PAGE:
Tuesday, November 18, 2014

Difference between method overloading and method overriding

Method overloading in Java occurs when two or more methods in the same class have the exact same name but different parameters.  Overloading is a compile time (static) phenomenon because the compiler is aware of exactly which method you are calling based on the number/type of parameters.
 
class Animal{
       void test(){
              System.out.println("Inside Animal class with no aruguments");
       }
      
       void test(int a){
              System.out.println("Inside Animal class with int aruguments");
       }
}

public class TestMain {
       public static void main(String[] args) {
              Animal a = new Animal();
              a.test();
              a.test(5);
       }

Output:
Inside Animal class with no aruguments
Inside Animal class with int aruguments

In this case, the compiler knows exactly which “test” method we are calling, based on the number/type of parameters.

Overriding methods is completely different from overloading methods. If a derived class requires a different definition for an inherited method, then that method can be redefined in the derived class. This would be considered overriding. An overridden method would have the exact same method name, return type, number of parameters, and types of parameters as the method in the parent class, and the only difference would be the definition of the method. Overriding is an example of dynamic (run-time) polymorphism. This is due to the fact that the compiler doesn't necessarily know what type of object is being passed in at compile-time.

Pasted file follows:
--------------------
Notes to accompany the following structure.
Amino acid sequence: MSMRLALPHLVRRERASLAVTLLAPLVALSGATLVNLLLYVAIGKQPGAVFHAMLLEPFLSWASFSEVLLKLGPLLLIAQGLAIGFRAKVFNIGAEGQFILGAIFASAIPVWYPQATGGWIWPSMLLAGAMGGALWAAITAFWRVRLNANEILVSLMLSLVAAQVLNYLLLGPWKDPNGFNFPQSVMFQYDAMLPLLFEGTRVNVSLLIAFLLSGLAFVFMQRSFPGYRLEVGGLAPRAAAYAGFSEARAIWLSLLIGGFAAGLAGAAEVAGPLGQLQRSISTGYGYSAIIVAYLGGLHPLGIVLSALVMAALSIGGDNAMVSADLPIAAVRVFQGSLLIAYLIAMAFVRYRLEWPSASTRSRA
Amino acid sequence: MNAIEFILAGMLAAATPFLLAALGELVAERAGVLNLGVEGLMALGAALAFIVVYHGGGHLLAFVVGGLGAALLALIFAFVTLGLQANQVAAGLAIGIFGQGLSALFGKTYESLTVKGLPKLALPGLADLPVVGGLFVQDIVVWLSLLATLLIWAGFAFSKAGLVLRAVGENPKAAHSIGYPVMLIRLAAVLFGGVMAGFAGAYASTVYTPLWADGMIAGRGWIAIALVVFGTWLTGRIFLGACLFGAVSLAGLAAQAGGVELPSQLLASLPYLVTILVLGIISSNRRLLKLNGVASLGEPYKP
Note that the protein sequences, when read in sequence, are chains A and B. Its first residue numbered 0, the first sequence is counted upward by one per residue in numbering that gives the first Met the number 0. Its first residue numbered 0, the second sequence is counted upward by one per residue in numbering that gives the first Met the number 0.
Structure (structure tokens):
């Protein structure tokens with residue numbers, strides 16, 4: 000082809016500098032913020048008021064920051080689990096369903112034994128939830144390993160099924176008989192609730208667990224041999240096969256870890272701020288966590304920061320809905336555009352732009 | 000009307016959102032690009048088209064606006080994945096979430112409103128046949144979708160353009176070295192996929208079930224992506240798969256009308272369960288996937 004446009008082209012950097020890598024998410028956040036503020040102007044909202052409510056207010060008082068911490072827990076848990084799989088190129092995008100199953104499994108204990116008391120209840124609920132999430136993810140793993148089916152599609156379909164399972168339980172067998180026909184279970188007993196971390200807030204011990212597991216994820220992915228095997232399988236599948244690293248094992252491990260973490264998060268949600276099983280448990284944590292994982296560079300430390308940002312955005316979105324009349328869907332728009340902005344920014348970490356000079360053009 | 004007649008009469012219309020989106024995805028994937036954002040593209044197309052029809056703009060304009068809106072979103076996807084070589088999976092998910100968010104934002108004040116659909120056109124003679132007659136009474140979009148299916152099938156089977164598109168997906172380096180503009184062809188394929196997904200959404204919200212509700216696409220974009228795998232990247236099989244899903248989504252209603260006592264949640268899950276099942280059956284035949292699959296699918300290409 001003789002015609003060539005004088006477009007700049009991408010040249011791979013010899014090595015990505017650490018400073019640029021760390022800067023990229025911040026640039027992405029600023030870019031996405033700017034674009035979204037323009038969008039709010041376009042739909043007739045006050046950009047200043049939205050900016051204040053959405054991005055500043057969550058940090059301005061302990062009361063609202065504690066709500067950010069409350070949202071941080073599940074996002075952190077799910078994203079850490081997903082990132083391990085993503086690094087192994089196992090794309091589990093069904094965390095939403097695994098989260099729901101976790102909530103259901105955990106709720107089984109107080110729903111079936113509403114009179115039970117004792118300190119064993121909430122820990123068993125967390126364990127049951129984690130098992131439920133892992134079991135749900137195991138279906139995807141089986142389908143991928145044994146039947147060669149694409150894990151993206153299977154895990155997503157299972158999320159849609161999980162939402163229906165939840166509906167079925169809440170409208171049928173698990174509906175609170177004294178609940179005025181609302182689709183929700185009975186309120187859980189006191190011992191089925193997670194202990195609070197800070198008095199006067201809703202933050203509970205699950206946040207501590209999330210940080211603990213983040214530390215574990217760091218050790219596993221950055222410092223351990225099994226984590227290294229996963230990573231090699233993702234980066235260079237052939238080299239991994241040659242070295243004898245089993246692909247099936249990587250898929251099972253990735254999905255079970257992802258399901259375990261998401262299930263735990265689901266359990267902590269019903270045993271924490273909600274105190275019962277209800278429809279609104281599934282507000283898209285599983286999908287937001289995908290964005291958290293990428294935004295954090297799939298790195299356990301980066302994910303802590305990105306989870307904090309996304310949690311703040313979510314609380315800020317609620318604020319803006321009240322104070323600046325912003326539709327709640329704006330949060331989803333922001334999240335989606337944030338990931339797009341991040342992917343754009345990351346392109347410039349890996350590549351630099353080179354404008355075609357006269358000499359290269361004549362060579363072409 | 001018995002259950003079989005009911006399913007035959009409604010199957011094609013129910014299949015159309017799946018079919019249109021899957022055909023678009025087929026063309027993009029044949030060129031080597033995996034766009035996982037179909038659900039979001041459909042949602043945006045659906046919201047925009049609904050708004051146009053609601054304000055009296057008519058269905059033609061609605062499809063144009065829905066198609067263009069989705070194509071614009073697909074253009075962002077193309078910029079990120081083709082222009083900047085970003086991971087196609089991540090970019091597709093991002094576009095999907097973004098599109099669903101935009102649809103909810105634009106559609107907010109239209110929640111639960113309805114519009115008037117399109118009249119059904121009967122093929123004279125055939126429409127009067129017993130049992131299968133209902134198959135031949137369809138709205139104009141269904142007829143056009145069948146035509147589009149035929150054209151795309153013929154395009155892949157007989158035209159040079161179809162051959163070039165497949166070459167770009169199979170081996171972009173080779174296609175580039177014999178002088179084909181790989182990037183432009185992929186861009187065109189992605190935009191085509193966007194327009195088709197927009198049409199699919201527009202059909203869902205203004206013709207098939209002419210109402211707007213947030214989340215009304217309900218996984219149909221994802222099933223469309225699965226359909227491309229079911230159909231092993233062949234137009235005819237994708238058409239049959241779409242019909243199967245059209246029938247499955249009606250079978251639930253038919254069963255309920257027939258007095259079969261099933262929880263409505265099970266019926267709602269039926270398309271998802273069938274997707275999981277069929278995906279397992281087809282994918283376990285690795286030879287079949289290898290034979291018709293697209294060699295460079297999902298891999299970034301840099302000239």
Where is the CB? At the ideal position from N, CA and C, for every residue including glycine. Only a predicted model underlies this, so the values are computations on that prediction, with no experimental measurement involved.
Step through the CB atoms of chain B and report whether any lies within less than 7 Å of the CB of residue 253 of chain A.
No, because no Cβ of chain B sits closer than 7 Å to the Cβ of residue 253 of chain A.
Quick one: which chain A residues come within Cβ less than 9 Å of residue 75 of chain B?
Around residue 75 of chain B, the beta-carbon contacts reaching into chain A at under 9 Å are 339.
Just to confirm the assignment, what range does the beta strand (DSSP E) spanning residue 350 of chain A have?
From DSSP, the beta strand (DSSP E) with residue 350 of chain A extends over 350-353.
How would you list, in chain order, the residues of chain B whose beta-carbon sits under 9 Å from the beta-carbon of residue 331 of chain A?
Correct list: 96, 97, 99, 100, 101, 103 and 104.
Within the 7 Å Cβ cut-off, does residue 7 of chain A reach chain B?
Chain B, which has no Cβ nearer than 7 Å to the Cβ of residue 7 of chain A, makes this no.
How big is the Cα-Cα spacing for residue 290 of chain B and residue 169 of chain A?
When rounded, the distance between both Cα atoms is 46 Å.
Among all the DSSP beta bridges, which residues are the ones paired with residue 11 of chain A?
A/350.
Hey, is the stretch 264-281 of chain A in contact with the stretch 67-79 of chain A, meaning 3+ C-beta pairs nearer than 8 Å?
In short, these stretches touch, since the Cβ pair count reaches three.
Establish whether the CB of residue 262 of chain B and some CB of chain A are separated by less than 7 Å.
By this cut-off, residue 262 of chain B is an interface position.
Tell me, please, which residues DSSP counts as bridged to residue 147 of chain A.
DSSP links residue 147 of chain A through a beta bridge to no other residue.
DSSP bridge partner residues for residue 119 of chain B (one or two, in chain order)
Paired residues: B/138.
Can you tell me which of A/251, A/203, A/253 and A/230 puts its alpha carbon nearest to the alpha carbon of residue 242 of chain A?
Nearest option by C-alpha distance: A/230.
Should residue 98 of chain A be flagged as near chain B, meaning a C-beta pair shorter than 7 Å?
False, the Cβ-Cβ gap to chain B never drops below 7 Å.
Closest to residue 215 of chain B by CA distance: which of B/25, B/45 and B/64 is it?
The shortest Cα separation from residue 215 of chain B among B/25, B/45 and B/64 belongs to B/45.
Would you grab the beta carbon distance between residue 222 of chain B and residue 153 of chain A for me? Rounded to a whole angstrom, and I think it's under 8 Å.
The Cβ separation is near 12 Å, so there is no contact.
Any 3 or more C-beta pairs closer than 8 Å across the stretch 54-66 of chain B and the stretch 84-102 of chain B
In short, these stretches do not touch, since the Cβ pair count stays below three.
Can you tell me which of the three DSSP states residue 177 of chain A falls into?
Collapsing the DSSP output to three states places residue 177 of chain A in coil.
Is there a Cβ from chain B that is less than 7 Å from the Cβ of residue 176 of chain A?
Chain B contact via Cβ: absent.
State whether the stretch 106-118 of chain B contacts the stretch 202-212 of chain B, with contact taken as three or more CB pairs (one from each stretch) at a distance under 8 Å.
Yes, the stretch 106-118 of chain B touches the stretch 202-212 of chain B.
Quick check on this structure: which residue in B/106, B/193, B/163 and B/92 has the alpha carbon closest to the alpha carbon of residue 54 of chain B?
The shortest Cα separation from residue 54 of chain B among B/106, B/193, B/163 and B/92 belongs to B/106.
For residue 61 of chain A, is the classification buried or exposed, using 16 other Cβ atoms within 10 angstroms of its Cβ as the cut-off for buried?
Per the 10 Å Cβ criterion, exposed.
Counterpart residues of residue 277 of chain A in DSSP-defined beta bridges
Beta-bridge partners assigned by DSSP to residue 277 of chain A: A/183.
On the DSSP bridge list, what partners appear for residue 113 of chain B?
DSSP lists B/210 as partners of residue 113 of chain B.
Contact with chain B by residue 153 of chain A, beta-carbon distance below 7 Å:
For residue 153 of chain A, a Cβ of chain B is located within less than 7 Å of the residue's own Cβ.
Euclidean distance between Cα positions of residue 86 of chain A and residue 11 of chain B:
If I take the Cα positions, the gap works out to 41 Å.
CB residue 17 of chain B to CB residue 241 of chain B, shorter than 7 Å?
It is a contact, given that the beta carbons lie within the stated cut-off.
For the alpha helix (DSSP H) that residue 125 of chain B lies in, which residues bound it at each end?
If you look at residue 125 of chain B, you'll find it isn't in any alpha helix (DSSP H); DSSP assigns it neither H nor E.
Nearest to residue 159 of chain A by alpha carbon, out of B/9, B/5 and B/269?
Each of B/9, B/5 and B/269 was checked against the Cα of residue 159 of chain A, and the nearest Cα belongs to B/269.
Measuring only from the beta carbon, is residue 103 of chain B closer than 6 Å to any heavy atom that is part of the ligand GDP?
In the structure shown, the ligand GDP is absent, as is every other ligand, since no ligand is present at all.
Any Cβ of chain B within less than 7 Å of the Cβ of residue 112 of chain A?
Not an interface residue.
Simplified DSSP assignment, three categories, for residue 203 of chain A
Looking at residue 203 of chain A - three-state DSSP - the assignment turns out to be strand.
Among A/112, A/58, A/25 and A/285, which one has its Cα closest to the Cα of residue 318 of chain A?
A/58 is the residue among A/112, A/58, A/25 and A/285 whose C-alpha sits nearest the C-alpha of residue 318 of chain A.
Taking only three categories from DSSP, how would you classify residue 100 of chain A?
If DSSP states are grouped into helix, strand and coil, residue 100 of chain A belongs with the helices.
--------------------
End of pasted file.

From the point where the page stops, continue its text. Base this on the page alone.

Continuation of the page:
class Animal{
       void test(){
              System.out.println("Inside Animal class with no aruguments");
       }
      
       void test(int a){
              System.out.println("Inside Animal class with int aruguments");
       }
}

class Dog extends Animal{
       void test(){
              System.out.println("Inside Dog class with no arguments");
       }
}

public class TestMain {
       public static void main(String[] args) {
              Animal a = new Dog();
              a.test();
              a.test(5);
       }

}

Output:
Inside Dog class with no aruguments
Inside Animal class with int aruguments

Here, method dispatching is performed in two steps:
  • The first one is done at compile time with the static information available, the compiler will emit a call for the signature that matches best your current method parameters among the list of overloaded methods in the declared type of the object the method is invoked upon.
  • The second step is performed at run time, given the method signature that should be called (previous step), the JVM will dispatch it to the most concrete overridden version in the actual type of receiver object.